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A decade later we opened Sarello’s and last night we celebrated its fifteen year run as a fine dining restaurant with our Farewell Dinner. I look back on those days leading up to the opening of Sarello’s and I marvel at our journey. We were seasoned hospitality professionals. We had traveled the globe together, working as hotel officers aboard luxury cruise ships, and set foot on every continent. We’d saved our money and paid our dues; we were ready. Who are we kidding? We were 30 – practically babies.

There are moments in life when you just have to leap, and that was what we did. Now, fifteen years later, we find ourselves poised to embark on a new journey, and while we may not have the benefit of youth any longer, we are endowed with wisdom and experience as our guides this go around. We’re ready, once again, to leap.

Since the time we opened our doors, we’ve welcomed a diversity of guests, including museum curators, bankers, wrestlers, clergy, doctors, farmers, nurses, bikers, publishers, businessmen, lawyers, CEOs, metal workers, dentists, crop dusters, politicians, artists, academics, and more. We’ve been privileged to use our business as a means to support myriad causes and organizations important to us and our community, and we look forward to continuing this commitment as we move forward into new adventures.

Cake with Opera Dinner Check

A special occasion restaurant from the start, Tony and I have also celebrated life’s milestones at Sarello’s, from the birth of our son to my parents’ 60th birthdays, our 40th birthdays, and even our 20th wedding anniversary.

But the overwhelming memories – the ones that will linger long into our dotage – are of the dozens of talented young people who have found their way to us through a calling to hospitality – our staff, our crew – our most excellent team. They have been the heartbeat of our business all these years, and many of you know them by name. We are grateful for their excellence and will never forget them.

Over the years we’ve served a wide variety of dishes ranging from classic Italian to French, Irish, Caribbean, North and South American and Asian, but there’s one dish that has remained on the menu from the first night to the last. Sarello’s Signature Sea Bass has been the standout dish for fifteen years, and for some of our regular guests, it is the reason they kept coming back.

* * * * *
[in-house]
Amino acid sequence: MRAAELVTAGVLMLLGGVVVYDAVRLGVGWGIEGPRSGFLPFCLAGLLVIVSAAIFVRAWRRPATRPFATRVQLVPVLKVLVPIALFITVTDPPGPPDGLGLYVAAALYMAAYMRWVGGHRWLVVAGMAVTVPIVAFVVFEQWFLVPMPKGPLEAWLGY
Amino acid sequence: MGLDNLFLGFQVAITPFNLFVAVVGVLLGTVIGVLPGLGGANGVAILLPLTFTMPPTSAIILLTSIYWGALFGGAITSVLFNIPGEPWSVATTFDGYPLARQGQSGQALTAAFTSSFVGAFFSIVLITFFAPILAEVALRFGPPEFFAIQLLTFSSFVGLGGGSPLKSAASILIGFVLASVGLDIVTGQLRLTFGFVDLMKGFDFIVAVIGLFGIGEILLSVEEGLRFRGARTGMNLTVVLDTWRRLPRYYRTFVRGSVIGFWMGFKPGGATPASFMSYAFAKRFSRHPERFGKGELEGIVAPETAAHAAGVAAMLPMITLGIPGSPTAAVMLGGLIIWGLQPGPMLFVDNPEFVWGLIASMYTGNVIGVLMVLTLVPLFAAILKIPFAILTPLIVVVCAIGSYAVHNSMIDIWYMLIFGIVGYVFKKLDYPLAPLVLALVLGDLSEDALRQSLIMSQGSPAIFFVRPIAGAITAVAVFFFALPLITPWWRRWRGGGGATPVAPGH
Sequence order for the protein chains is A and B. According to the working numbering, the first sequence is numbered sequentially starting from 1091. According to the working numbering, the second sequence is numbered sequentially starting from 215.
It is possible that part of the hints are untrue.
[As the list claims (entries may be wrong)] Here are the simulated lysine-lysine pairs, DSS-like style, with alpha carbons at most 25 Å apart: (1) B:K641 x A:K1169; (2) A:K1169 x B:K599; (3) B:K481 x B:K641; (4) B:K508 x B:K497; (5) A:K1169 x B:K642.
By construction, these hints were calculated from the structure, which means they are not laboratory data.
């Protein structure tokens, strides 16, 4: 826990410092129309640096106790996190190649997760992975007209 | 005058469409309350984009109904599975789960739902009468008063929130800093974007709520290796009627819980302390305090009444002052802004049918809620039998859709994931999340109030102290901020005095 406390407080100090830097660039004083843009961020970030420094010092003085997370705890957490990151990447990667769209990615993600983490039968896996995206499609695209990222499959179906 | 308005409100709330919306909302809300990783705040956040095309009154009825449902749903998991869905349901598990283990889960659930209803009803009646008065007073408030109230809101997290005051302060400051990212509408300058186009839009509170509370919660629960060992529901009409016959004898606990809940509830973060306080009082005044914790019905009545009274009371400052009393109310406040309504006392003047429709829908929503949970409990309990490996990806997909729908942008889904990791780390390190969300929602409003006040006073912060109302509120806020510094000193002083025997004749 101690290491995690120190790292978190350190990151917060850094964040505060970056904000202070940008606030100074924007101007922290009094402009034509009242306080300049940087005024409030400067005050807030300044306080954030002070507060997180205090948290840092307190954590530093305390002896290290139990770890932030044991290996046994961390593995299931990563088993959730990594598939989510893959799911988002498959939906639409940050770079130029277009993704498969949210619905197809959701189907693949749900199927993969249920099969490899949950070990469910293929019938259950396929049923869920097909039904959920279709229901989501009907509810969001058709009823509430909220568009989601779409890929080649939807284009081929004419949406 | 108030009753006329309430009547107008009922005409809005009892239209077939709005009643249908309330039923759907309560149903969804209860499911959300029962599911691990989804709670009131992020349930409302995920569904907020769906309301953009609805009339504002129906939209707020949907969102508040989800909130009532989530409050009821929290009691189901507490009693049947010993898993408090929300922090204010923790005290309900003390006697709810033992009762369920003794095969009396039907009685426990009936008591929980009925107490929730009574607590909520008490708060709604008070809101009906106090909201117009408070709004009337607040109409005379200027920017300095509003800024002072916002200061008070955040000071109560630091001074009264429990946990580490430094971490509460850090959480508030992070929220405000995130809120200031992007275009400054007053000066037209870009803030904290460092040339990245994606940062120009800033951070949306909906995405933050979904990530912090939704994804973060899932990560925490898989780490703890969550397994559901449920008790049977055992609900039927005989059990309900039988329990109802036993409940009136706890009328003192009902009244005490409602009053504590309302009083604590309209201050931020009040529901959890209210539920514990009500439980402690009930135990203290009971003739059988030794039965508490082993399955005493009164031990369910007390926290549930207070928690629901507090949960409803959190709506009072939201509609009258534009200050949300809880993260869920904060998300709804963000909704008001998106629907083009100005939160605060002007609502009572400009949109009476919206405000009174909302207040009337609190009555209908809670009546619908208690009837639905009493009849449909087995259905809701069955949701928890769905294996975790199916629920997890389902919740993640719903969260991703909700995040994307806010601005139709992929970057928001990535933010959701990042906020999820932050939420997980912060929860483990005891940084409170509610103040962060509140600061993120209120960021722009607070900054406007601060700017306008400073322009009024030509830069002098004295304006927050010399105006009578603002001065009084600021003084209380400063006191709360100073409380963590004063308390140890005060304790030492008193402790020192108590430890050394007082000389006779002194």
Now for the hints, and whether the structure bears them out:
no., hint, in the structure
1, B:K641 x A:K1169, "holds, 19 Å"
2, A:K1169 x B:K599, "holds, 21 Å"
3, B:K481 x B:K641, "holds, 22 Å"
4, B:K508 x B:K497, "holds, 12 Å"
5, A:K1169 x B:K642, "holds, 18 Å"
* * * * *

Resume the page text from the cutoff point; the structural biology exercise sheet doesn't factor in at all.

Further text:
In our new venture as a culinary events and meeting center, we plan to host “pop-up” nights every so often where we’ll feature a limited menu with one signature Sarello’s dish, just to satisfy our customers’ cravings.

If you’re a fan of the sea bass, you’ll be pleased to know that it will be the star of the menu for our first pop-up event, which will take place on Wednesday, July 22 and Thursday, July 23. For those two nights only, you can come in and enjoy a 3-course dinner which includes salad, sea bass and dessert for $50 per person (tax and gratuity are not included). Wine and beer will also be available for purchase. Reservations can be made via phone or email: 218.287.0238 or

Tony, Gio and I wish to say thank you to everyone who has been a part of our lives at Sarello’s for the past 15 years. What a ride we’ve had.

Sarello’s Signature Sea Bass RECIPE

Serves: 4 to 6

Citrus Beurre Blanc Ingredients:
2 lemons, juiced
2 limes, juiced
2 oranges, juiced
1 tablespoon heavy cream
½ cup (4 oz.) white wine
2 sticks (8 oz.) unsalted butter, cut into pieces and chilled
½ teaspoon salt – increase as desired
1 tablespoon honey (or sugar)

Using a medium sauce pan, combine lemon, lime and orange juices, heavy cream, white wine and honey (or sugar) and reduce over medium heat until a syrupy consistency is achieved, about 5 to 8 minutes. Stir just to combine.

Reduce heat to low and stir in the butter piece by piece, until sauce appears smooth and silky. Whisk throughout this process to ensure an even temperature. Add salt to taste, starting with a half-teaspoon.

Important:  Cooking over low heat will help to ensure that your butter does not clarify, thus breaking your sauce.  Once a silky smooth consistency is achieved, use immediately or transfer to another container and keep in a hot water bath on stove top until ready to use.  The water should not be boiling.

Sea Bass Ingredients:
4-6 8 oz. portions of Chilean Sea Bass, skin removed
1 cup Panko breadcrumbs
Olive oil

Preheat oven to 400 degrees. Place the sea bass fillets on a sheet pan. Lightly coat the top side of each fillet with the breadcrumbs, just to cover the surface, pressing lightly to ensure they stay in place. Drizzle the tops with olive oil and salt. Bake in oven for 15 minutes, until the tops are golden brown. Remove and transfer to serving plates. Pour the citrus beurre blanc over each fillet and serve.

Say Farewell to Winter with Bow Tie à la Provençale